April 24, 2014

New Jersey Motor Vehicle Commission Still Finds Atheism Offensive

Location map of New Jersey, USA
New Jersey, USA (Photo credit: Wikipedia)
I have been asked by a few readers if I heard about the case of Shannon Morgan, the atheist in New Jersey who filed a complaint in court after her request for a vanity license place reading "8THEIST" was denied by the New Jersey Motor Vehicle Commission. I did read about this a few days after it hit the news; however, I did not have the time to write about it. I'll share my thoughts now, brief as they are.

According to CNN, the complaint indicates that the rationale provided by the Commission for denying the requested plate was that it "may carry connotations offensive to good taste and decency." Atheism is offensive to good taste and decency? That strikes me as an incredibly bigoted stance, one that should not be expected to influence decisions made by a government agency.

Americans United for Separation of Church and State is assisting with the complaint.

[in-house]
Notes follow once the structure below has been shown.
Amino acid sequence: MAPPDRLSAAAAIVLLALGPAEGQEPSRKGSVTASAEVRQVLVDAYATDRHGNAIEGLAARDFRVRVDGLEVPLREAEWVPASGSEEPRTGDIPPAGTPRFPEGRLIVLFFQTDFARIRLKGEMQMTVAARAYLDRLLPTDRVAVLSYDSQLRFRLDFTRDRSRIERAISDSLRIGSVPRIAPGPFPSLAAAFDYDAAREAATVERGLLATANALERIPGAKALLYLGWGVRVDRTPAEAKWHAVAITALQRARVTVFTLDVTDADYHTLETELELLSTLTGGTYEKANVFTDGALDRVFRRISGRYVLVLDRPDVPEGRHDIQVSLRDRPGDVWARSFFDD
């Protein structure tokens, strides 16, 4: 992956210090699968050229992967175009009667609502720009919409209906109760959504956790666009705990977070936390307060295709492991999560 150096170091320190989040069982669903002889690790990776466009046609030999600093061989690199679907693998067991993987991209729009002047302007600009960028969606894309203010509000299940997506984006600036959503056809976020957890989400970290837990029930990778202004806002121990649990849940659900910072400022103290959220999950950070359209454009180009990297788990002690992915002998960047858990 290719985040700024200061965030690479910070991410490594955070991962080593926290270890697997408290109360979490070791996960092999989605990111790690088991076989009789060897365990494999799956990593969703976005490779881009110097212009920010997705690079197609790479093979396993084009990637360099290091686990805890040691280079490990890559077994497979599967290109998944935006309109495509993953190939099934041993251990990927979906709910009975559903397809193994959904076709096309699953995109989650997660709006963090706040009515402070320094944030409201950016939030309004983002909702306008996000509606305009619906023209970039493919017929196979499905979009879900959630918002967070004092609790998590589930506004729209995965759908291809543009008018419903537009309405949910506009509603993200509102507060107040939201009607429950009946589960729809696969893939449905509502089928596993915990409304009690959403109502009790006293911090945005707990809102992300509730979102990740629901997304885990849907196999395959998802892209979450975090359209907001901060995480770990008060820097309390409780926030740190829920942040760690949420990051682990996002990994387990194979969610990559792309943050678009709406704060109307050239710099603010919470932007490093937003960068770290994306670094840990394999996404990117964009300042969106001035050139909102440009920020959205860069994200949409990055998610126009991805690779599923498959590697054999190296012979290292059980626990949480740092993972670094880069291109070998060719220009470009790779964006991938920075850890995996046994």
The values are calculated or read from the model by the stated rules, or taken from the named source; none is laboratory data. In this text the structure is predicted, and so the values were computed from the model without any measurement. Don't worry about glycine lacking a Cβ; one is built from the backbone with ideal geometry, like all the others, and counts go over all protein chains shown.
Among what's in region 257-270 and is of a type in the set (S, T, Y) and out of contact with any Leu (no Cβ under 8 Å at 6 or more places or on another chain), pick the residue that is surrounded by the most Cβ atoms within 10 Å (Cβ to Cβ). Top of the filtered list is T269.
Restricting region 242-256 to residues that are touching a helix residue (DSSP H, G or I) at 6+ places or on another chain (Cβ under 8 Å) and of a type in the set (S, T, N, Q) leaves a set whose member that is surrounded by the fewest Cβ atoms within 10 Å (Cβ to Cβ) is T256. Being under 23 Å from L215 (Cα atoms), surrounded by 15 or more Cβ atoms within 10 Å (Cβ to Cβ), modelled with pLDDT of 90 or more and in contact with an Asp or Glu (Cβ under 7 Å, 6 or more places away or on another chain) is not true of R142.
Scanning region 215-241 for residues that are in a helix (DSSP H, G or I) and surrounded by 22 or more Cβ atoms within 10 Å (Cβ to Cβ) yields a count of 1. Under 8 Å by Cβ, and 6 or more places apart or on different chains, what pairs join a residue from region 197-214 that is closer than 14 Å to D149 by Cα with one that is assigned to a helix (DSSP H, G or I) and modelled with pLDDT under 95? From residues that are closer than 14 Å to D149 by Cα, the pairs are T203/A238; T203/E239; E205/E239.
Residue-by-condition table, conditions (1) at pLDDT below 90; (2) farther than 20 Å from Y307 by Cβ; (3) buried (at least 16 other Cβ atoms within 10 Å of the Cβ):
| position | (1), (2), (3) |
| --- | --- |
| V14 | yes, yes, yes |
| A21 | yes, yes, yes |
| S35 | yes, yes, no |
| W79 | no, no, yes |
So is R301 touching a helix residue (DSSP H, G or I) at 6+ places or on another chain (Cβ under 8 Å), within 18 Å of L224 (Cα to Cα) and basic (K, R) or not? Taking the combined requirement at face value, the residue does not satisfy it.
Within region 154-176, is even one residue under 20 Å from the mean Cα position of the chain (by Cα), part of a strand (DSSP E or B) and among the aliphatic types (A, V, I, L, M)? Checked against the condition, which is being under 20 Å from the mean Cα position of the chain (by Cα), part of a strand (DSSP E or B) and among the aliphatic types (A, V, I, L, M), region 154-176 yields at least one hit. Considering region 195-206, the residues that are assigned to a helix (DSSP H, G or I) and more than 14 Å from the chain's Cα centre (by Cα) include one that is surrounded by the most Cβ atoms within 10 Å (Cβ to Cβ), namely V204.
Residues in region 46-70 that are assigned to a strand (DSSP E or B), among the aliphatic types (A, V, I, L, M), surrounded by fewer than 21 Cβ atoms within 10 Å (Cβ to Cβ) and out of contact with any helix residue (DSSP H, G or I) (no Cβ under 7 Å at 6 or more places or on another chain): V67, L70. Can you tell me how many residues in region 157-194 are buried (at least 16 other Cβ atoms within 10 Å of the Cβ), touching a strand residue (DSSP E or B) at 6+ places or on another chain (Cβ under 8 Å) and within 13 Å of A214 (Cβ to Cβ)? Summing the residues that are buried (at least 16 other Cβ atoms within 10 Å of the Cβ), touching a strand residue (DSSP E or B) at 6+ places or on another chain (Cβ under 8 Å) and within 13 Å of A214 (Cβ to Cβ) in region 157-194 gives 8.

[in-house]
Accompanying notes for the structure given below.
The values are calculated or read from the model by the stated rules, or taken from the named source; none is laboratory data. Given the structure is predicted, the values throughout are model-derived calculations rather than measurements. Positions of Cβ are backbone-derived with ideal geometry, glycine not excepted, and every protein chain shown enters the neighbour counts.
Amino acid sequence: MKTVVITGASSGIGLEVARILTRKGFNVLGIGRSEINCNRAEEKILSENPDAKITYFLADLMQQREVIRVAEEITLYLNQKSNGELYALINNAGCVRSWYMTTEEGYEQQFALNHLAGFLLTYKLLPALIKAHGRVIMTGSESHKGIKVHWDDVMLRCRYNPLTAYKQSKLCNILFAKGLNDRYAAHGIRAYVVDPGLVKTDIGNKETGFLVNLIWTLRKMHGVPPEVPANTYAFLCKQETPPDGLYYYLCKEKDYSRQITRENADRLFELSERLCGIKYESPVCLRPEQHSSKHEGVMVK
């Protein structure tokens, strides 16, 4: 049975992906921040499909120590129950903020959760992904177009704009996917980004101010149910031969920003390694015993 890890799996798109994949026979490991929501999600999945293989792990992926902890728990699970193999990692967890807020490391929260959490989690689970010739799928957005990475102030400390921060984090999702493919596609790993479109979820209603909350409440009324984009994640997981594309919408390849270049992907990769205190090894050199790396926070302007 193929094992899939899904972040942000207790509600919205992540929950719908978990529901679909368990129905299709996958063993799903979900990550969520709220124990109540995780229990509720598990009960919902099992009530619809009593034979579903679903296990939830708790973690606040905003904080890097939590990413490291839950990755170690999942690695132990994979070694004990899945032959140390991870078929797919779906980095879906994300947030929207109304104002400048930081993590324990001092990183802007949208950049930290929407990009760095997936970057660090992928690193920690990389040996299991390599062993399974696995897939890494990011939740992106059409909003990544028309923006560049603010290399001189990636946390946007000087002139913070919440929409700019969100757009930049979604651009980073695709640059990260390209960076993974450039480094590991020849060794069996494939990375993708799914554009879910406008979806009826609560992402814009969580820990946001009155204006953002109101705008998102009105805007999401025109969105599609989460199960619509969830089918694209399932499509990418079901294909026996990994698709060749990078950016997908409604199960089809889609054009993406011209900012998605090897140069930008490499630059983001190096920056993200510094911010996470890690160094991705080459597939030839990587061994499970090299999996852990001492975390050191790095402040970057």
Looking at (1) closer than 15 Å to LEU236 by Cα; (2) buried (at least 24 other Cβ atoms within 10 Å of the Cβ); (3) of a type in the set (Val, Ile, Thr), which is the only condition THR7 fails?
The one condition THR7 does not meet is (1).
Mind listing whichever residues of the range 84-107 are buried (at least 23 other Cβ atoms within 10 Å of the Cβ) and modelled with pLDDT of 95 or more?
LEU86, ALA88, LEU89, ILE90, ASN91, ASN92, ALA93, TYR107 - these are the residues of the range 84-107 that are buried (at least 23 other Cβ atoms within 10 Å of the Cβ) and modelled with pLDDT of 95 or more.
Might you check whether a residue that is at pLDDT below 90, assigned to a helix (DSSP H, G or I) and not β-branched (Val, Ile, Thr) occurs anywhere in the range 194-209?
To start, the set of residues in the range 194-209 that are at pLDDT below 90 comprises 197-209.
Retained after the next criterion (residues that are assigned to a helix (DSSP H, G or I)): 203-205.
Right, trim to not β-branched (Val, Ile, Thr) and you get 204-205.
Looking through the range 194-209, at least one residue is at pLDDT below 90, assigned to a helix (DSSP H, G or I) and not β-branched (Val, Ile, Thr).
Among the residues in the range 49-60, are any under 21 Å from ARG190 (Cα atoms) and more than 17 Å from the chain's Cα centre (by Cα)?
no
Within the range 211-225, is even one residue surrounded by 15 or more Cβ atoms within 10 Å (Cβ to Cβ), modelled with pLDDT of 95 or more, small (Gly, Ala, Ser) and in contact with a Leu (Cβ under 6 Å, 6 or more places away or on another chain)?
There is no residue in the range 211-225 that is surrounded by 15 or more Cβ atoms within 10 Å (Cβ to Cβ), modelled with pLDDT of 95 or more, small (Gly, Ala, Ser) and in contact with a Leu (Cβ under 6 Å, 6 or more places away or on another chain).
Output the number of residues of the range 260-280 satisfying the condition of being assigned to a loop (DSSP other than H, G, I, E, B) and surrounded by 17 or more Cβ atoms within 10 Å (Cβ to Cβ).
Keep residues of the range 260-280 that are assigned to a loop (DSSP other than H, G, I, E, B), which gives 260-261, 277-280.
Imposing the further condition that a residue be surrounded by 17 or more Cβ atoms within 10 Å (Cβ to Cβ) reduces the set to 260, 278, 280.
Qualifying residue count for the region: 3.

"The state of New Jersey is favoring religion while disparaging nonbelief," said the Rev. Barry W. Lynn, executive director of the group. "It simply has no right to do that."
The other interesting detail about this case is that Morgan had her request for a plate reading "BAPTIST" approved while the "8THEIST" plate was denied, prompting the complaint that the state is favoring theistic beliefs over atheistic ones. The notion that "8THEIST" would somehow be more offensive than "BAPTIST" does suggest the sort of favoritism that is legally prohibited.

CNN correctly notes that this case sounds familiar to us because we probably remember when American Atheists president, David Silverman, went through something similar over his New Jersey "ATHE1ST" plate. He too had to file a complaint before he received his plate a few days later. And so, it seems that the New Jersey Motor Vehicle Commission is slow to learn from experience.

This case raises issues of separation of church and state, bigotry, and Christian privilege. An atheist who wants a vanity plate expressing his or her atheist identity should not have to jump through any more hoops than a Christian wanting a vanity plate expressing his or her Christian identity. To decide otherwise seems discriminatory, and I imagine that Morgan will prevail.

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